Bernanke cannot have his cake and eat it too. If the economy is recovering the yield curve should steepen. And steepen it has. The Yield Curve Is Steepest On Record.
The difference in yields between Treasury two and 10-year notes widened to a record on concern surging sales of U.S. debt will overwhelm the Federal Reserve’s efforts to keep borrowing costs low.
The so-called yield curve steepened to 2.75 percentage points, surpassing the previous record of 2.74 percentage points set on Aug. 13, 2003.
Ten-year notes have lost 10.3 percent this year, according to Merrill Lynch & Co. indexes, while 30-year bonds have lost 27.5 percent. Two-year notes have gained 0.2 percent.
Rising 10-year Treasury yields are pushing yields on mortgage bonds higher, prompting holders of the securities to sell government debt used as a hedge to protect portfolios against rising interest rates.
As mortgage rates rise, the expected average lives of mortgage bonds and mortgage-servicing contacts extend as potential refinancing drops, leaving holders with portfolios of longer-than-anticipated durations. Duration is a measure of bond price sensitivity to interest-rate change.
“The back-up is mostly related to convexity selling by mortgage investors,” said Gary Pollack, who helps oversee $12 billion as head of fixed-income trading at Deutsche Bank AG’s Private Wealth Management unit in New York. “This will be a test for the Fed.”
Yield Curve 1999 – Present
click on chart for sharper image
If the economy is recovering, the Fed should welcome this steepening. However, what if the yield curve is simply reacting at the thought of Bernanke monetizing Obama’s massive deficits and the various stimulus plans?
I doubt the economy is recovering but it is may be getting worse at a lesser rate. Moreover, if the curve flattens, it sure will not be because of intervention, it will be because the so-called recovery has stalled. Heaven help Bernanke if the economy worsens and the yield curve continues to steepen.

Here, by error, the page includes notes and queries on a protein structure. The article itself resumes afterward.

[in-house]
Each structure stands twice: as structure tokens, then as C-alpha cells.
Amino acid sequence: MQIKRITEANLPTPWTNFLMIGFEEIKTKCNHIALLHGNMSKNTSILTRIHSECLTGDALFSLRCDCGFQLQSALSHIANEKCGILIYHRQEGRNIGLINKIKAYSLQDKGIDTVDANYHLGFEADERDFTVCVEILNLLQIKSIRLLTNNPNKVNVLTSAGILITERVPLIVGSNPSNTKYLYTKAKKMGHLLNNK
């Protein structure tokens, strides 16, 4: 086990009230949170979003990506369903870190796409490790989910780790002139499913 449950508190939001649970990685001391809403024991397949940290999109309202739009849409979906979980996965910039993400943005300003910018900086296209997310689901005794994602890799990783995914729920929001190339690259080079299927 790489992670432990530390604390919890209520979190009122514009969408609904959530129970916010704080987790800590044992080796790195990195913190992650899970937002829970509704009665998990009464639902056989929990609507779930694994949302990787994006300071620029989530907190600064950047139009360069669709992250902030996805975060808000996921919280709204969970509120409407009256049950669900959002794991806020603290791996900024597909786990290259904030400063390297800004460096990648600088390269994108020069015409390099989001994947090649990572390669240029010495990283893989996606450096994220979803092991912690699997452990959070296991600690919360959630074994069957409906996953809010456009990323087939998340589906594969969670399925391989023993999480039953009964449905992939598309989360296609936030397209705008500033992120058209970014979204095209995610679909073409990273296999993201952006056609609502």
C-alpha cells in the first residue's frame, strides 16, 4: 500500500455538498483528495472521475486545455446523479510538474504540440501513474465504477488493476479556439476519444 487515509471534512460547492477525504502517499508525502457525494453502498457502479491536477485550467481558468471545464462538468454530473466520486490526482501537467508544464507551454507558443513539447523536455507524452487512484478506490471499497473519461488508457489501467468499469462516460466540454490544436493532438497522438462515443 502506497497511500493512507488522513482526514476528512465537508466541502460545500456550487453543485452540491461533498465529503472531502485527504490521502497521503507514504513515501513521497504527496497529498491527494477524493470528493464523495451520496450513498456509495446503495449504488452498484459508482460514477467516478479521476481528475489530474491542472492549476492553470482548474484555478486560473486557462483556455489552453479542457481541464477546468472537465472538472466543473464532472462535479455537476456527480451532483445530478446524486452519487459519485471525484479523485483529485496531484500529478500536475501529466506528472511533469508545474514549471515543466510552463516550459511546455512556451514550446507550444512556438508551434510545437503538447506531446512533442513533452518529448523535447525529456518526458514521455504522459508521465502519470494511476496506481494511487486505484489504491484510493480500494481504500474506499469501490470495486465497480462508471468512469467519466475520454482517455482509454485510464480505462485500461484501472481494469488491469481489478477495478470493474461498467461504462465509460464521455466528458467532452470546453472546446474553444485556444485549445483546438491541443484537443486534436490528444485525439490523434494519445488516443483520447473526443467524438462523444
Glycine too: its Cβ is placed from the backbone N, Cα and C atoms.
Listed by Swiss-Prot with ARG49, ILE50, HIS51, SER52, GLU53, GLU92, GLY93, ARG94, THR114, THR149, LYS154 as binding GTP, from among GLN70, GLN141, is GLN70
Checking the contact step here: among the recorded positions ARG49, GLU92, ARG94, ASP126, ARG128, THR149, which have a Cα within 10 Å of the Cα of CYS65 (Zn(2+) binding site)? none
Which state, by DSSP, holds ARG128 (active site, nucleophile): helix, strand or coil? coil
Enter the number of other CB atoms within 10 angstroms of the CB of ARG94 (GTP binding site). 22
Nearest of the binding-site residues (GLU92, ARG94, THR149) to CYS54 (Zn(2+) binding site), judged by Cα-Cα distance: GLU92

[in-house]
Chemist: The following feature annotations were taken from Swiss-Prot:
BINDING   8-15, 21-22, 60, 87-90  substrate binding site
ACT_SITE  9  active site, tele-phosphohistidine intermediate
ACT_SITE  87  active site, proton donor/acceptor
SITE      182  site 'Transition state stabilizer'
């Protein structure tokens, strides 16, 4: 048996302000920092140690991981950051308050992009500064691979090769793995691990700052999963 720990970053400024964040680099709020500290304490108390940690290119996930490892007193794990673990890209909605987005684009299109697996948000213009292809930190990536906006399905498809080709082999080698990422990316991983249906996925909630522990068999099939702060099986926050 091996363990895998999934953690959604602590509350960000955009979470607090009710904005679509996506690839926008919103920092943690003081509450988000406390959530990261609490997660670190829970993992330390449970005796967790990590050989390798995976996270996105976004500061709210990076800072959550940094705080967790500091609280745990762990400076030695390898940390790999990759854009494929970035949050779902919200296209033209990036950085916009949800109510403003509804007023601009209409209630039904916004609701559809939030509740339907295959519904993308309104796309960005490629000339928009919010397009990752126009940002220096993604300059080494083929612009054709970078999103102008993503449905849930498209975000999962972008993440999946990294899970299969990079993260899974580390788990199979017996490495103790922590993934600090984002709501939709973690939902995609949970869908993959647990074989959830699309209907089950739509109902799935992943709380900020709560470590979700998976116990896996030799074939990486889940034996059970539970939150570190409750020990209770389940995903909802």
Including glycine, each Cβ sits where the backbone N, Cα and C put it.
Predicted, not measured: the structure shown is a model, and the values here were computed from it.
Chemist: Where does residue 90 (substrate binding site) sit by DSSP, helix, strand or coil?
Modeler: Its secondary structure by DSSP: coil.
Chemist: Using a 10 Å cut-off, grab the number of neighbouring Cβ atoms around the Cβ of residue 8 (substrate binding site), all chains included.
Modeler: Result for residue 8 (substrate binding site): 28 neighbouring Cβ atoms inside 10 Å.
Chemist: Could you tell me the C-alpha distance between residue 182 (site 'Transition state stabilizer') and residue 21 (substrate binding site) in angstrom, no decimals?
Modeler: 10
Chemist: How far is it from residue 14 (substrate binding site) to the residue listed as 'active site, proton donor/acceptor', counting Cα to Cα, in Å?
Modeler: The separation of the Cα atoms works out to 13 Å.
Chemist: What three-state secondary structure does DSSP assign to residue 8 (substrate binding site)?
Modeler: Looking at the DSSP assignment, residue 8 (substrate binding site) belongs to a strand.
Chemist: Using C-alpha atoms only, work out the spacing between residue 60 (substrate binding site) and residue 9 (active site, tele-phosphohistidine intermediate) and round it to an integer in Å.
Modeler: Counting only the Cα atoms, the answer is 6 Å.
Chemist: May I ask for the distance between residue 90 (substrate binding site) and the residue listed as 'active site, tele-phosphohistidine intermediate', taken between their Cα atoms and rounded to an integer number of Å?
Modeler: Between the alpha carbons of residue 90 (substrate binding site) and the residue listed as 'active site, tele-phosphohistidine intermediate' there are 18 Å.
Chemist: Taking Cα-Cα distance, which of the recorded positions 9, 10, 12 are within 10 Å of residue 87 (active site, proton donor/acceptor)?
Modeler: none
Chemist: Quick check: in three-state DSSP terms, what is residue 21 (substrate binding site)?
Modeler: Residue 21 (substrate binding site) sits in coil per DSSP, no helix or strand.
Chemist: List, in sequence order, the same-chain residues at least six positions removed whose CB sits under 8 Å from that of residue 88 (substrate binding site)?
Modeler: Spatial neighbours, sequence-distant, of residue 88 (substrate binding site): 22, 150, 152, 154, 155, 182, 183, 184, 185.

Regardless why the yield curve is steepening, Bernanke’s belief that he can control both the long and short end of the curve is seriously misguided. The fact is he cannot really control either, at least for long.
Twilight Zone Treasuries
Flashback April 23 2009: Twilight Zone Treasuries
The Fed said at its last meeting it intends to buy $300 billion in Treasury securities over six months in a bid to lower long-term borrowing costs and revive economic growth.
$TNX – 10 Year Treasury Note Yield
click on chart for sharper image
Professor Fil Zucchi on Minyanville had this succinct comment:
“Today the Federal Reserve printed $7 billion dollars and used it to buy an equivalent amount of 7 and 10 year Treasury bonds. As I publicly asked before, if Mr. Fed can’t rig the price of an asset by buying it with printed money, why should anyone else buy it?“
Those wishing to keep an eye on these price rigging attempts can follow the Federal Reserve Bank Permanent OMOs: Treasury link.
It is ridiculous for the Fed to think it can control the vast $trillion treasury market with pea shooting efforts at $7 billion a pea. However, as the charts above show, the Fed announcement hugely distorted the market in smaller timeframes.
As Prof. Zucchi says “If Mr. Fed can’t rig the price of an asset by buying it with printed money, why else should anyone else buy it?“
Other than the initial pop, the Fed’s silly attempt to game the system may have caused so much mistrust that it is putting upward pressure on yields.
Treasury Yields Where To From Here?
A couple of people wrote me today saying I have been wrong about treasuries.
Let’s backtrack for a moment to set the record straight for those who think I have been bullish on treasuries all year. Although the strength of the selloff this year has been surprising, I stepped aside in December.
Prior to that I was hugely bullish, more so than anyone I know.
Mish Treasury Calls
Sunday, January 20, 2008: Time To Short Treasuries?
Kass Says Sell Bonds Short.
Kass: The bond market is in a bubble that is reminiscent of (and quite possibly as extreme as) other bubbles during previous eras. From my perch, the only issue is the timing of this trade.